There are now a few times of year when diet marketers want our body-conscious attention: January 1st when it’s time to conduct our new year resolutions, early June for the start of beach season and what now appears to be early September for new resolve in post-summer.
After decades of formal programs that took the country by storm, diet companies now have to contend with Americans and their DIY methods. Books. Diet foods available at the supermarket. Supplements. Shakes. Work and home obligations create limited time to go to meetings and weigh-ins and that not only played havoc with some weight-loss firms’ sales, it increased the coffers of the companies that provided the actual food for the weight-loss process – for a little more cost.
Through the bites however, advertisements and promotions continue to remind us of the instant gratification and the totality and the permanence of the healthy diet experience. Healthy – not starved.
To that end, last Spring I screened and subsequently showed my marketing classes, “Killing Us Softly 3” which focuses on Jean Kilbourne’s study of women and stereotyping in advertising. (Google’s got it in their video section.)
It’s an older film that my daughter recommended from her women’s studies class: a documentary with messages such as leggy skinny models with no breasts, hips or waists are the product of gene pools and we, as a population, can’t (and shouldn’t) physically emulate them.
As a result, though financially supported by the ad industry that promotes this impossible thinness, I have spent a lot of time talking with family about eating right, building strength, feeling well for a lifetime. It only took a few years for these young children to substitute "healthy" with "skinny" -- but parents can keep the outside impressions away for just so long.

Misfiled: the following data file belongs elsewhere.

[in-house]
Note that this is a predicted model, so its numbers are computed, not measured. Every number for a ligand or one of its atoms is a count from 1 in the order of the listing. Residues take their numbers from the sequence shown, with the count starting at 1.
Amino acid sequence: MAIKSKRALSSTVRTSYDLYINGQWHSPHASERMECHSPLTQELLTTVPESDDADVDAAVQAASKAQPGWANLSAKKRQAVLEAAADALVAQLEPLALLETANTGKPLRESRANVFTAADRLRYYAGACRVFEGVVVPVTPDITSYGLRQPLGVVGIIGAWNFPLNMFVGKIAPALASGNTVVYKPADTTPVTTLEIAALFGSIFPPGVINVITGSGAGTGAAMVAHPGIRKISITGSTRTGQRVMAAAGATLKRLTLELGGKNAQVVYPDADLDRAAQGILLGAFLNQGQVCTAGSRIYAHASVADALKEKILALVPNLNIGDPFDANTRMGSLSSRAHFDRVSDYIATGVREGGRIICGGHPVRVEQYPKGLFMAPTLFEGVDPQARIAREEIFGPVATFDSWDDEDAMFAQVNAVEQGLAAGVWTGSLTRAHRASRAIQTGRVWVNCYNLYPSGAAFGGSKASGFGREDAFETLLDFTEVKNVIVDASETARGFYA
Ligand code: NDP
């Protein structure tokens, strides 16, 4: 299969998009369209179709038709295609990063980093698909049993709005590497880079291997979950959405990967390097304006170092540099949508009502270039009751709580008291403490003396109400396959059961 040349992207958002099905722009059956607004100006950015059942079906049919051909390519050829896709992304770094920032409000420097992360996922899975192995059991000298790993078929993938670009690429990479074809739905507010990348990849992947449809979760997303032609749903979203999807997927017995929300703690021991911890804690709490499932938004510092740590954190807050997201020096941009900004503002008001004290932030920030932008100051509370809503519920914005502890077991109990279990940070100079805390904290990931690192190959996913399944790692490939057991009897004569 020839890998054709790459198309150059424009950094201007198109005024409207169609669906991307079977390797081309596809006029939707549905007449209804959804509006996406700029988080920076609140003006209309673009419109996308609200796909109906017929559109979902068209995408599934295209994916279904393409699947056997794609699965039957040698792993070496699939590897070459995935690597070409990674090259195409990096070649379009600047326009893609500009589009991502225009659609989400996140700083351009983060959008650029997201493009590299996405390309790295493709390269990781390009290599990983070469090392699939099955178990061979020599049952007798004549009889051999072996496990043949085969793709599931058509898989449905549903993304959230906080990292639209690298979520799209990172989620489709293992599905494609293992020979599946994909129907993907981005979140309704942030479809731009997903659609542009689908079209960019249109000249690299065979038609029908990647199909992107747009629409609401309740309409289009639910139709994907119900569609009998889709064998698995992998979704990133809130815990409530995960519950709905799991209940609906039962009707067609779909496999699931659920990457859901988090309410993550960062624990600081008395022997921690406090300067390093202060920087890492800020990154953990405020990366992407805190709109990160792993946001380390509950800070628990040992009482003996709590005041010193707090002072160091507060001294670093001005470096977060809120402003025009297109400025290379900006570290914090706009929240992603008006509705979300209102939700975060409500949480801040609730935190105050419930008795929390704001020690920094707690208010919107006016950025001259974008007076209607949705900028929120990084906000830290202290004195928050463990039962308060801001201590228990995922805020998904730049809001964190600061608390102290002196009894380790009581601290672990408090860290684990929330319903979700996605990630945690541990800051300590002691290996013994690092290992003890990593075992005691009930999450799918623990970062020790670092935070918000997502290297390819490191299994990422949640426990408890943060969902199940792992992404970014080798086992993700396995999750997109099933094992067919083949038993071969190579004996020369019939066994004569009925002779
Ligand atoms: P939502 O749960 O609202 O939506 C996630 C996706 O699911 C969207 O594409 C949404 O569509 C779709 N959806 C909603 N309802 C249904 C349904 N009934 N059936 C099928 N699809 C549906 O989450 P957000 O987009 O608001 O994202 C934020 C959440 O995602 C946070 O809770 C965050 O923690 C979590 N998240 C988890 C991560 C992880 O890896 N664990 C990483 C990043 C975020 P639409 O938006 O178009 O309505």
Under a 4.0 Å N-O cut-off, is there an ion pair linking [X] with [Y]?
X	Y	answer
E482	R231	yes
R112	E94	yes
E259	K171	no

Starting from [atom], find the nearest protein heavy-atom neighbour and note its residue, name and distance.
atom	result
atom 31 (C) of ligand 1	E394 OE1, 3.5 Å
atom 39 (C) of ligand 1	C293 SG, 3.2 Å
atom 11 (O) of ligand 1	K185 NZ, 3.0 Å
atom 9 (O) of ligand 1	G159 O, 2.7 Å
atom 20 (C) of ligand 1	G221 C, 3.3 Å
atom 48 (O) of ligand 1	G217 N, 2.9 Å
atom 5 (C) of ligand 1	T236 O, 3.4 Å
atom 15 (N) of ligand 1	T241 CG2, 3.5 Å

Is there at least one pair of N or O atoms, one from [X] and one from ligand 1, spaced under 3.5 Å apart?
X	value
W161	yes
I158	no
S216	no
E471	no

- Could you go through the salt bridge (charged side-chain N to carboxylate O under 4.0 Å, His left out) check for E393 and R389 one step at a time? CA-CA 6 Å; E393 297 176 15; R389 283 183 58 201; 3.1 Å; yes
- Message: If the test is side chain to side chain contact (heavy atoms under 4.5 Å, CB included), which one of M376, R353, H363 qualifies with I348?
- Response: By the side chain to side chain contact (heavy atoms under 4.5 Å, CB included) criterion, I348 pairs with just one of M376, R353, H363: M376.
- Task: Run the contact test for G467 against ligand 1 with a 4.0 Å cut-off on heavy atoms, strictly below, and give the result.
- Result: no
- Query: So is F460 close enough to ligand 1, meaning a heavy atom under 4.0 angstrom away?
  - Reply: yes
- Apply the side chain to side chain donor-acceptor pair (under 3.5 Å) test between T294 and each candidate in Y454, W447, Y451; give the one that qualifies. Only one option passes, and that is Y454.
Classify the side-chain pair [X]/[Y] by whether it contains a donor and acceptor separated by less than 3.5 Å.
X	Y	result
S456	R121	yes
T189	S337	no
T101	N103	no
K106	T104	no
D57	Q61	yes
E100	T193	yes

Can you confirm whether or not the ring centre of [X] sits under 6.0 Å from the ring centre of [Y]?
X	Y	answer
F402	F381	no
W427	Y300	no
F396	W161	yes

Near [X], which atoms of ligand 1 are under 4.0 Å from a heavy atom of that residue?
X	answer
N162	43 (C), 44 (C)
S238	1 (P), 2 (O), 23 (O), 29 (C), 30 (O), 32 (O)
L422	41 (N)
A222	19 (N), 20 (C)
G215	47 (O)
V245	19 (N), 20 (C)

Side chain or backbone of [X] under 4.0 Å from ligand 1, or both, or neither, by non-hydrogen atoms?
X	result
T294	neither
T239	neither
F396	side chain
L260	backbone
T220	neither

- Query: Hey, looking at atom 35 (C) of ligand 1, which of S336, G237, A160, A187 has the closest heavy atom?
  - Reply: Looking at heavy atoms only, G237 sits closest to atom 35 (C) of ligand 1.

So when our family embarked on a new diet course two years ago, emotionally and intellectually it was meant to create less focus on food. An marketer’s worst nightmare as we decreased emphasis on eating, dining out, snacks, events that had to have food, buying food, having enough food and consuming the food before it spoiled. Physically, it was meant to shed pounds and eat well without the stigma and disappointments.
The success began to, pardon the expression, pile up. We are reading labels, determining serving sizes, looking for things that are better and tastier to eat at home and away.
And like our household, as our country reads more about the obesity epidemic, the increase in adult onset diabetes and the explanation that it is cheaper to buy fast food on the $1 menu or sugary products in the convenience store – there is a new backlash in town. Consumers are learning that taking the time to prepare a meal will not only insure better, nutritious eating, but can actually save money in the process.
It’s not as easy to do as picking up a “value meal” but if food marketers continue to pick up on this "return home to the kitchen and the dinner/dining table routine" it will put us consumers on route to feeling more in control of our health and our future than we have in a very long time.